We often receive questions about changing your dogs' food frequently. Sometimes to 'change it up' or to keep their mealtimes interesting. Our founder and nutritionist, Callum, explains the concept of rotational feeding.
Rotational feeding refers to a diet rotation that provides pets with regular dietary changes. This frequency could be anything from each month/quarter, each bag, or in some instances, each bowl.
For many brands, adjusting the food very frequently isn't advised; this is usually to prevent digestive upset, and this is true. Many branded feeds vary drastically from product to product (e.g. grain or no grain content, high meat content vs low meat content).
Clydach Farm adult diets are formulated with a consistent level of meat to carbohydrate ratio. With those carbohydrates being a consistent sort, the only significant change between diets is the protein type used (e.g. fish, poultry or red meat).
There are many different reasons to adopt a rotational feeding program, ranging from adding interest to meal times or adding nutritional variety.
Often, pets experience flavour fatigue from eating the same diet every day, just as we would.
Rotational feeding keeps dogs interested in the food and prevents flavour fatigue. Rotational feeding also offers the novelty of new foods. The change can also help boost intake for picky eaters or animals with a reduced appetite.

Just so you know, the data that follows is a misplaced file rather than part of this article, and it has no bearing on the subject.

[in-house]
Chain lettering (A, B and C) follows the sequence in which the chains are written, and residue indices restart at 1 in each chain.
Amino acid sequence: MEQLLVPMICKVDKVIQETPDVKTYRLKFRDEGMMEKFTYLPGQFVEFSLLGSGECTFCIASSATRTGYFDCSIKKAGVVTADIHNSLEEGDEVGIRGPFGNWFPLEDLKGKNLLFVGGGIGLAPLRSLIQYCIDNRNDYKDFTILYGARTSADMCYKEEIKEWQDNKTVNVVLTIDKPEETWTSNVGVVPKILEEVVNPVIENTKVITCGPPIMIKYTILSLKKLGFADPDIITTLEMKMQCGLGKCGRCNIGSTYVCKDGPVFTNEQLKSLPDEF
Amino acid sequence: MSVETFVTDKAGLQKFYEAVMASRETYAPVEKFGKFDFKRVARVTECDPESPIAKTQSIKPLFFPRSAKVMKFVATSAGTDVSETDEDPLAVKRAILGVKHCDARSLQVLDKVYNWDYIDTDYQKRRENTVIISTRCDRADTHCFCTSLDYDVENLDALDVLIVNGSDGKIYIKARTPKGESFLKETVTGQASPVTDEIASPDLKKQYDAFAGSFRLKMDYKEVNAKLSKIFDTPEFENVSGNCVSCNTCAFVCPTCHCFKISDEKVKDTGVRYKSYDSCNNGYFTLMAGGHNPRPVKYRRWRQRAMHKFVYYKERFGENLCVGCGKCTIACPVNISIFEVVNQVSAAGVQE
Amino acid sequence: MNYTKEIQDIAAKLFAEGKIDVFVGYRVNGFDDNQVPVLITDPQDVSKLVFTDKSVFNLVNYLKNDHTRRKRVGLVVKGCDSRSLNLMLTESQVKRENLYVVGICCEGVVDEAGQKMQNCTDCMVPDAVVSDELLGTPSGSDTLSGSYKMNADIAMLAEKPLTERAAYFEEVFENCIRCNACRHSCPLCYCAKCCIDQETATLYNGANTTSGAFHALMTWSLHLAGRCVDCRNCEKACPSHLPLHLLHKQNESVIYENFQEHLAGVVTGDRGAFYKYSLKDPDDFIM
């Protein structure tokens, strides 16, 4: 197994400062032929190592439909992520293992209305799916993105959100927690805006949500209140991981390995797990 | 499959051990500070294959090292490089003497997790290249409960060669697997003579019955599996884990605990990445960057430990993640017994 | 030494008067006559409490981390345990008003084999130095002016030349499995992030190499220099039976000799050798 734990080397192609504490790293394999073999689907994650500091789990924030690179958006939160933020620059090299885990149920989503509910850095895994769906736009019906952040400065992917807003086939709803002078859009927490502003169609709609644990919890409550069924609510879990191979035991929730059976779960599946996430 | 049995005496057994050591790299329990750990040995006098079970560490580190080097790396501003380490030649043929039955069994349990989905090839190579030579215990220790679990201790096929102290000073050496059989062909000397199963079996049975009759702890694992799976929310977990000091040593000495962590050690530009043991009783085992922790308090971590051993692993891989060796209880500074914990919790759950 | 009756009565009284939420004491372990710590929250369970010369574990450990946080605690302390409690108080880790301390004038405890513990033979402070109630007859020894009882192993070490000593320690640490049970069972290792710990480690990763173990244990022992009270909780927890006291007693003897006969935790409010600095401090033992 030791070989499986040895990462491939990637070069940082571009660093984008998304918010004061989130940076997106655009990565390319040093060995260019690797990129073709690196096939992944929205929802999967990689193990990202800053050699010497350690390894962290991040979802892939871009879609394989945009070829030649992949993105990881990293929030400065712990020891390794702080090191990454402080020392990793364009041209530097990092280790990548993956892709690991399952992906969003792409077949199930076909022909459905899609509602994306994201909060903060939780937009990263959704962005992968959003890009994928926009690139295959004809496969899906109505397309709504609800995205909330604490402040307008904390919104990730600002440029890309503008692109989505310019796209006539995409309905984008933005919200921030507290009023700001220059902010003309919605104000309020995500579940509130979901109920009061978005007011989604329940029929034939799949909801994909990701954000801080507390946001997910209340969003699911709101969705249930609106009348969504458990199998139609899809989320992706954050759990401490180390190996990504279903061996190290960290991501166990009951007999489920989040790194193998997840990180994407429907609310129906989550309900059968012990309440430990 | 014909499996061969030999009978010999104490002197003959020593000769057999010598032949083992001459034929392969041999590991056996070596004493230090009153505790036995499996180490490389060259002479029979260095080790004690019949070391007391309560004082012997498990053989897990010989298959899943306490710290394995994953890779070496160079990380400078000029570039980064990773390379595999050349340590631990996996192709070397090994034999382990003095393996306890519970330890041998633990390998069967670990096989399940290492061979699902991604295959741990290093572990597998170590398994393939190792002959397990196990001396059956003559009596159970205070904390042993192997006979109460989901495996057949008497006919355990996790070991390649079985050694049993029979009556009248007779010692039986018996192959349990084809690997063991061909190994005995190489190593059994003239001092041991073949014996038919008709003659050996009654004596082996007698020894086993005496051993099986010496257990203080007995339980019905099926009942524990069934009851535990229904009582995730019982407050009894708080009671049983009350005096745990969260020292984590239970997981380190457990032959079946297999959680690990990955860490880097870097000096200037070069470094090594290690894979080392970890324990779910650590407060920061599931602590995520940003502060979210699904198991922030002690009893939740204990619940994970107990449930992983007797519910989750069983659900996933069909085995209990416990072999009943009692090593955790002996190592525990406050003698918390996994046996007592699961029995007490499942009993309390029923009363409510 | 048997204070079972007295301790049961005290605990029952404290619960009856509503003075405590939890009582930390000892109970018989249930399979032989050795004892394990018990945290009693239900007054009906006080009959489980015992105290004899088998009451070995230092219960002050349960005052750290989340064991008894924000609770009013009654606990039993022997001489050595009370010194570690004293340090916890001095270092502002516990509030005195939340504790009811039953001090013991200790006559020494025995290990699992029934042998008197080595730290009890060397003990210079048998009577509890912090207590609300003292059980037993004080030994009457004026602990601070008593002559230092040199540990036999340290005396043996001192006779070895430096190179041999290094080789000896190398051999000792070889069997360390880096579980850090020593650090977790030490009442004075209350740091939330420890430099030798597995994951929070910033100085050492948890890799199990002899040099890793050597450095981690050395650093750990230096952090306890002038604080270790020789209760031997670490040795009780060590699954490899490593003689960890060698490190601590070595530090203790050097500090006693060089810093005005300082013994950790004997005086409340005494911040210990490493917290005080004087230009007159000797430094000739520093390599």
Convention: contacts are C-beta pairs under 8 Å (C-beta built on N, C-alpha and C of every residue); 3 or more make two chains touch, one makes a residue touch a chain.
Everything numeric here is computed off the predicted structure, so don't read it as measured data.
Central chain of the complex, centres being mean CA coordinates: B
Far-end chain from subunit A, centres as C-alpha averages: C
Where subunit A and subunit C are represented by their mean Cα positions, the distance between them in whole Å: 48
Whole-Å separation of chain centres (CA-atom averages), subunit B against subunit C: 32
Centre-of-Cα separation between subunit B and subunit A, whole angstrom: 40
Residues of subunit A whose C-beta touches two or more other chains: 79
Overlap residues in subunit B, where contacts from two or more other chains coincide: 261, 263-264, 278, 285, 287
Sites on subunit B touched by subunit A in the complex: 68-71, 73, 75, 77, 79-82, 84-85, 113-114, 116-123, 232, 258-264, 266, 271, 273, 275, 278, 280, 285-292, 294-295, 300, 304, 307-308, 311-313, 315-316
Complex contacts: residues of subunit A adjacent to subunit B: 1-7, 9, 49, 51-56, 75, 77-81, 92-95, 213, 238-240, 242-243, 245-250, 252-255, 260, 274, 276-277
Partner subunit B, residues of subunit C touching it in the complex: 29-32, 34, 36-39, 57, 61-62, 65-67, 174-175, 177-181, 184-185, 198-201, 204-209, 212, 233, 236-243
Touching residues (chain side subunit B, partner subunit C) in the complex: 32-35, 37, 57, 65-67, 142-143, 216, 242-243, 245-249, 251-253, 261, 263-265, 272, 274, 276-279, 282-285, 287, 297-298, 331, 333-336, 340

Diversify Amino Acids
We carry out extensive testing of the amino acid profiles in our products. We will publish another article on the importance of amino acids soon. But in short, different proteins will have a higher level of amino acids within them; by widening the range of meat/fish sources, you expose your dog to the broader reach of amino acids he will have access to. We can same can be said for fatty acid profiles and various vitamins and minerals.
The wild wolf dietary variation is lost when making prepared dog food (wild dogs and cats would have varied prey and fodder to their intake). Through rotational feeding, you can gain diversity in their nourishment.
Food sensitivities exist in dogs but are often misdiagnosed or confused with food allergies. Food allergies cause an immune-mediated response, whereas food sensitivities are much more common and traditionally manifest as poor food reactions, including soft stools, excess gas, itchy dry skin and itchy paws and ears.
Like humans, exposure to different proteins at a young age may decrease the chances of developing food sensitivities. For this reason, we launched the MultiProtein Puppy recipe.
Feeding a rotational diet to a dog exposes them to a broader range of proteins and could prevent sensitivities.